This has been a necessarily brief tour through a complex terrain. My hope is that it might help to specify both what it meant by the coloniality of archaeology, and the possibilities of a decolonial reading. A host of questions follow: Could we imagine forms of practice that are not, in themselves, epistemically violent? Are there other ways of knowing, outside of the protocols of classification and empirical science? Is non-excavation an option? Could we imagine an archaeology of silence? How might we conduct the discipline so that it does not take the form of a white gaze on black bodies? Can we switch the dynamics between disciplinary centres and their peripheries? Can we imagine time differently? What would it mean to think in terms of ideas of co-presence and continuity? What would it mean to decolonize time? Can we begin the business of refiguring disciplinary rights and accountabilities? Can we imagine what a decolonial archaeology might look like? Or is the coloniality of archaeology so deeply written into the discipline, that we arrive at something else: not archaeology as we know it, but an anti- or counter-archaeology, a kind of archaeology after archaeology?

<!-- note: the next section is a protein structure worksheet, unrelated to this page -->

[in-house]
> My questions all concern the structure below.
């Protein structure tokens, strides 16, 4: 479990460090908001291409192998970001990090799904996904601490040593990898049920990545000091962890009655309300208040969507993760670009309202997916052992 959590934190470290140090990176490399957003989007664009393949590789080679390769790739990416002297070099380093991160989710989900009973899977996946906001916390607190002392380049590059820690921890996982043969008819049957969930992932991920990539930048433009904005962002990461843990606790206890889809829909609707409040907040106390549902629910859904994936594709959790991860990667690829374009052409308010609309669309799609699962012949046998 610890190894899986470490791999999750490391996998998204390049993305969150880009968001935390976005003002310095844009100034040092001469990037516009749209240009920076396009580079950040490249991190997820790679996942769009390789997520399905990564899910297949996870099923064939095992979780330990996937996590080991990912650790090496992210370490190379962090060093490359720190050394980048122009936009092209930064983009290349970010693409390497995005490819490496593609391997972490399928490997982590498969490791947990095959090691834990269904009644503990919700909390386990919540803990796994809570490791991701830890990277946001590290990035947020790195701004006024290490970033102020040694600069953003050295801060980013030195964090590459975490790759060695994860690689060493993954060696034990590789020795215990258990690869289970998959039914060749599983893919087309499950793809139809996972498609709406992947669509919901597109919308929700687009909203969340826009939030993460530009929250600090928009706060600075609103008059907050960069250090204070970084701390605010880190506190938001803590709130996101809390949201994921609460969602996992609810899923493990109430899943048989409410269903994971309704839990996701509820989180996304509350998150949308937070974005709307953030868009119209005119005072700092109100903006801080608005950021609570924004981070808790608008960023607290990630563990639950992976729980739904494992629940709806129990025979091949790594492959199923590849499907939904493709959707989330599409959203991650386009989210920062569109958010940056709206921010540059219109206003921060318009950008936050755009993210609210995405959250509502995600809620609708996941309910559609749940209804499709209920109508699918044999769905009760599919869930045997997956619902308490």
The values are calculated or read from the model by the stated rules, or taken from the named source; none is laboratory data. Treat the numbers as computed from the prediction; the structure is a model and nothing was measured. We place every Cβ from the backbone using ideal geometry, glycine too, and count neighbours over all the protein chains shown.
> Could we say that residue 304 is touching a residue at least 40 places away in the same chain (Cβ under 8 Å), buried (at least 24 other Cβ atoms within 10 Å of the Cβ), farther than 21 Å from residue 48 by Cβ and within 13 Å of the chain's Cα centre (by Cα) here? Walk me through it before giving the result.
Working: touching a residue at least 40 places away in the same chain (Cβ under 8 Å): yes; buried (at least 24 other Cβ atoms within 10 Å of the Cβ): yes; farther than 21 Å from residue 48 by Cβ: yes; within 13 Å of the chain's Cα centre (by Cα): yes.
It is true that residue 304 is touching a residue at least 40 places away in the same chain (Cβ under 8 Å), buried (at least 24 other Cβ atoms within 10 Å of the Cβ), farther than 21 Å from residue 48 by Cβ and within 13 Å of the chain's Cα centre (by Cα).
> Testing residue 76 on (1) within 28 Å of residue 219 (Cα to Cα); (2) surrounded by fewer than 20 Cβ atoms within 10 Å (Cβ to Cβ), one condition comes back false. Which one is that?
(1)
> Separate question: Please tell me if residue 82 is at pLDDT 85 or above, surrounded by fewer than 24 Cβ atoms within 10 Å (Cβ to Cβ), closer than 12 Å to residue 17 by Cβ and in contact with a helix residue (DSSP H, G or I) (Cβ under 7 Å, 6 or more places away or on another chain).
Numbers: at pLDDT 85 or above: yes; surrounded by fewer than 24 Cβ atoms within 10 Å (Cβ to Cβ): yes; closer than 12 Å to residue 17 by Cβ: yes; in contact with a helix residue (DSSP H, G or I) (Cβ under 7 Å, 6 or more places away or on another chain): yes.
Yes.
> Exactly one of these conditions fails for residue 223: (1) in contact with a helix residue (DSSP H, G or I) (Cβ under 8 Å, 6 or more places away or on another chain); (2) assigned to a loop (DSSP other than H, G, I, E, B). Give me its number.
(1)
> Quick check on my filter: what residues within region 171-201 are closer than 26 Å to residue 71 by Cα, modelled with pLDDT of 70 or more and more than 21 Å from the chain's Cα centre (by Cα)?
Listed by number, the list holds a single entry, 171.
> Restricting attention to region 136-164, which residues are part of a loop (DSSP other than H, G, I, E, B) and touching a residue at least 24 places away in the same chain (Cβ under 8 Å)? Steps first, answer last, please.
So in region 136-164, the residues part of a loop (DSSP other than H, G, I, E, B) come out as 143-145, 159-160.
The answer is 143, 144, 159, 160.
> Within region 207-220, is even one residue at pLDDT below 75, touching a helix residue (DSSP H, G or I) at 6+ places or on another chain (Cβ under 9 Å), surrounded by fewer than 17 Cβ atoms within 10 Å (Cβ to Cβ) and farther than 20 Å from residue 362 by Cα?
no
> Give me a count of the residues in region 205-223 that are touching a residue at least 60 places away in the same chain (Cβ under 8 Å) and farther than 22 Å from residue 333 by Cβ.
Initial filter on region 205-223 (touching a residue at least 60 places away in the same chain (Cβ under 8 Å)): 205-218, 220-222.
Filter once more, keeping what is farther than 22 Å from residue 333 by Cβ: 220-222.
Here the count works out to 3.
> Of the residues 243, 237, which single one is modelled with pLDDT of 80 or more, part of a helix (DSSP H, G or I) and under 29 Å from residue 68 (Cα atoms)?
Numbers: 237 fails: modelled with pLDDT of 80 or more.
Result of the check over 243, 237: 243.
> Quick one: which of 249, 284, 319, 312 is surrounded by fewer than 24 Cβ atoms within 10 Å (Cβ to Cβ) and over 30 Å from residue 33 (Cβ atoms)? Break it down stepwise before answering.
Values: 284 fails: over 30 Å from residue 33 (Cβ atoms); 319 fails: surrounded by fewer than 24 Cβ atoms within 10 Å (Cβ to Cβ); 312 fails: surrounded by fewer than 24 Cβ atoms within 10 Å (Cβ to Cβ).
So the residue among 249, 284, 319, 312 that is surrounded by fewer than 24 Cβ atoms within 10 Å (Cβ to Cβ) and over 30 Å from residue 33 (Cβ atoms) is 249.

Foucault M. 1994 (1966). The Order of Things. New York: Vintage.
Legassick M and C. Rassool. 2000. Skeletons in the Cupboard: South African museums and the trade in human remains 1907-1917. Cape Town: South African Museum.
Mignolo WD. 2007. Delinking: the rhetoric of modernity, the logic of coloniality and the grammar of de-coloniality. Cultural Studies 21
Shepherd N. 2002. The Politics of Archaeology in Africa. Annual Review of Anthropology, 31, 189-209.
Shepherd N. 2003. "When the hand that holds the trowel is black...". Disciplinary practices of self-representation and the issue of "native" labour in archaeology. Journal of Social Archaeology, 3(3), 334-52.
Shepherd N. 2007. Archaeology Dreaming; postapartheid urban imaginaries and the bones of the Prestwich Street dead. Journal of Social Archaeology, 7(1), 3-28.
Shepherd N. 2012. Ruin Memory: A hauntology of Cape Town. Reclaiming Archaeology: Beyond the tropes of modernity. A. Gonzalez-Ruibal. Oxford: Routledge, 233-243.
Shepherd N. 2015. The Mirror in the Ground: Archaeology, photography and the making of a disciplinary archive. Cape Town: Jonathan Ball Publishers and the Centre for Curating the Archive
Shepherd N. 2016. The conquest of time. In: Shepherd, N, Gnecco, C and A. Haber (2016) Arqueología y decolonialidad. Buenos Aires: Ediciones del Signo and the Centre for Global Studies and the Humanities, Duke University.
Shepherd, N. (in press). The grammar of decoloniality: walking with Walter Mignolo. In: A Storch, N Shepherd and A Deumert (eds). Colonial and Decolonial Linguistics. Oxford: Oxford University Press
TERMS AND CONDITIONS
This project has received funding from the European Union's Horizon 2020 research and innovation programme under agreed No 770248